The Informedia Digital Video Library project is a research initiative at Carnegie Mellon University, funded by the NSF, DARPA, NASA and others, that studies how multimedia digital libraries can be established and used. Informedia's digital video library is populated by automatically encoding, segmenting, and indexing data. Research in the areas of speech recognition, image understanding, and natural language processing supports the automatic preparation of diverse media for full-content and knowledge based search and retrieval.
The following image is an example of how these components are combined in the Informedia user interface:
Currently, the Informedia collection contains approximately 1.5 terabytes of data, comprising 2,400 hours of video encoded in the MPEG 1 format. The content of this corpus includes approximately 2,000 hours of CNN news broadcasts beginning in 1996. The remaining content is derived from PBS broadcast documentaries produced by WQED, Pittsburgh, and documentaries for distance education produced by the BBC for the British Open University. The subject matter of the majority of these documentaries is mathematics and science. Also available is a small corpus of public domain videos, typically derived from government agency sources.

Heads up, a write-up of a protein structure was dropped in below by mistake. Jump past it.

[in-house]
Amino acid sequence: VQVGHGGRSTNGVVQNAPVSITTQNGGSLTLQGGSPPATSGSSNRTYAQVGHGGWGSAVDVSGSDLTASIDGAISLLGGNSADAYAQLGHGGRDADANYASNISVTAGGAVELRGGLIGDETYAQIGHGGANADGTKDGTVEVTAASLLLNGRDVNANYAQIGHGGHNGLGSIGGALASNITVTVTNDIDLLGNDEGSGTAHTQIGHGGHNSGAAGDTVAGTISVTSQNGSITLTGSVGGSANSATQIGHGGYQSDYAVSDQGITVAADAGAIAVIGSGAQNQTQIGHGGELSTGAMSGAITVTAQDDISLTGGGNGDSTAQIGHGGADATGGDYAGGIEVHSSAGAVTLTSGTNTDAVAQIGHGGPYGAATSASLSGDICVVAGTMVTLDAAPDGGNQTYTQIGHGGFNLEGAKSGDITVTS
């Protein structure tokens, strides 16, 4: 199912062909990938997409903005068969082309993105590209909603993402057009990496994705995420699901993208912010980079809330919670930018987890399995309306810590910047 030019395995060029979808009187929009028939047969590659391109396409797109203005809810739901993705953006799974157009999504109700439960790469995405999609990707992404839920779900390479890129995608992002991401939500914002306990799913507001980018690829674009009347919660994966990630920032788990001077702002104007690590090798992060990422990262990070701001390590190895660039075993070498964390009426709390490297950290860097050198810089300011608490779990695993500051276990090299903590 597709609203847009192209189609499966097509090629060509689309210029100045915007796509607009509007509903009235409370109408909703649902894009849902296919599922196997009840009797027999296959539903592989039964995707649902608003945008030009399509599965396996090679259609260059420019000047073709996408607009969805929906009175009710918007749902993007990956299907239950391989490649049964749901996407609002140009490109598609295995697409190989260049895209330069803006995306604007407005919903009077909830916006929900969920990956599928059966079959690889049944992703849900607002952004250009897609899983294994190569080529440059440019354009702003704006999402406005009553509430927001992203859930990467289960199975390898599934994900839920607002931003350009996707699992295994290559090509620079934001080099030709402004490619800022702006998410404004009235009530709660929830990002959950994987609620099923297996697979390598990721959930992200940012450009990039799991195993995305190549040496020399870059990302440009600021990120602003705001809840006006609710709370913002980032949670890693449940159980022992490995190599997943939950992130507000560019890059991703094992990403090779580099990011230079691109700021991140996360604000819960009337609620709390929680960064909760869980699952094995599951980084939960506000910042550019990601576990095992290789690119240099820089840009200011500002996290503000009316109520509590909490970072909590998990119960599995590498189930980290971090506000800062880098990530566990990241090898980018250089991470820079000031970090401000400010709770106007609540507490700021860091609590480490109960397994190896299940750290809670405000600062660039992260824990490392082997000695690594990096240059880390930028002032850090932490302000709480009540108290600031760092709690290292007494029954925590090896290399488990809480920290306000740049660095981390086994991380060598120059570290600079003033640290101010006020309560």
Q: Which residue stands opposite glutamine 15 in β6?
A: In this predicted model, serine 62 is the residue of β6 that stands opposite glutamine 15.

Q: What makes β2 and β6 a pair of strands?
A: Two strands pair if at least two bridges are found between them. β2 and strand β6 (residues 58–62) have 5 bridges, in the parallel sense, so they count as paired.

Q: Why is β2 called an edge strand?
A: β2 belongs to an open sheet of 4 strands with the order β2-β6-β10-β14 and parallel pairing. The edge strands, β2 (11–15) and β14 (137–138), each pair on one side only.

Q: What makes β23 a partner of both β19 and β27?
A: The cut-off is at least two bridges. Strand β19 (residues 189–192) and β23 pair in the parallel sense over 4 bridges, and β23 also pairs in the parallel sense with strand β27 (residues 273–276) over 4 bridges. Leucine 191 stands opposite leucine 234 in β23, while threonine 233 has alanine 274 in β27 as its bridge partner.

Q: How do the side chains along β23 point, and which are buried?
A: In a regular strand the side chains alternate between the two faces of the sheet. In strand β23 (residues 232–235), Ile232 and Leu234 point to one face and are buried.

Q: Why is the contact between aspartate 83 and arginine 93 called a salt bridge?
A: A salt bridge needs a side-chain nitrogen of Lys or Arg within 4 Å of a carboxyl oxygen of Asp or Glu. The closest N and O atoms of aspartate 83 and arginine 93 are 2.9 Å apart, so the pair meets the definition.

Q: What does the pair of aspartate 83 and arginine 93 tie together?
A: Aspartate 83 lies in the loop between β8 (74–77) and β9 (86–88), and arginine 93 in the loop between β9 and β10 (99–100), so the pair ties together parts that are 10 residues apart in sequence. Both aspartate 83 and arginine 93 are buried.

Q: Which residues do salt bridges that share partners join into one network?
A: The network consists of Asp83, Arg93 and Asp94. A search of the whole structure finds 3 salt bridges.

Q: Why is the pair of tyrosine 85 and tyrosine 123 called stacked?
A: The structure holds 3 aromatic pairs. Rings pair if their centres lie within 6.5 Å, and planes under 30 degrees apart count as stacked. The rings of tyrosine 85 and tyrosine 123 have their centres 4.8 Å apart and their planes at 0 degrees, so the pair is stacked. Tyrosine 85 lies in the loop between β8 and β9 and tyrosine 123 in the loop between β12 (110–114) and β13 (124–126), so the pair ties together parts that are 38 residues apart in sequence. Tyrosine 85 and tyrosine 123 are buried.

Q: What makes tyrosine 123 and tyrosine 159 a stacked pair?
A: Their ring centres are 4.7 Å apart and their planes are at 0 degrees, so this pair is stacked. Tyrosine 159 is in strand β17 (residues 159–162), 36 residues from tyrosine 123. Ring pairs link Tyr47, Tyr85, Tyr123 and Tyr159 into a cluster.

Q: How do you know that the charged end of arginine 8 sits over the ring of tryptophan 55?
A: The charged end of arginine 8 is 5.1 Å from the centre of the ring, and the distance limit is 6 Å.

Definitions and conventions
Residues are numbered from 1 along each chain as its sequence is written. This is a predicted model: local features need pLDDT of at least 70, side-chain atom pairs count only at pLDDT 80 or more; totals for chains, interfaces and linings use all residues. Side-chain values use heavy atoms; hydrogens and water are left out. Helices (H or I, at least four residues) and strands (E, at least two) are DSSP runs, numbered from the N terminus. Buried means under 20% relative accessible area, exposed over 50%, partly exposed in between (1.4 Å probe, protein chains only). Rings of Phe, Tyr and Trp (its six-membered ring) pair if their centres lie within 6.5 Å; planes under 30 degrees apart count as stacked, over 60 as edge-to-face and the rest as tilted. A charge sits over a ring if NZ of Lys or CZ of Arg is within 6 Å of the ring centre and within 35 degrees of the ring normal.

All the data in Informedia, except for the public domain videos, is copyrighted and must be used for research purposes only, with re-distribution prohibited. Users of the testbed will need to sign an agreement with the copyright holder.
The extensive, automatically derived metadata created by Informedia is an important resource for digital library researchers. Metadata for the Informedia collection includes:
For general information about Informedia, see the web site: http://www.informedia.cs.cmu.edu/.
Researchers with serious interests in using the testbed, should contact: Scott Stevens, email@example.com.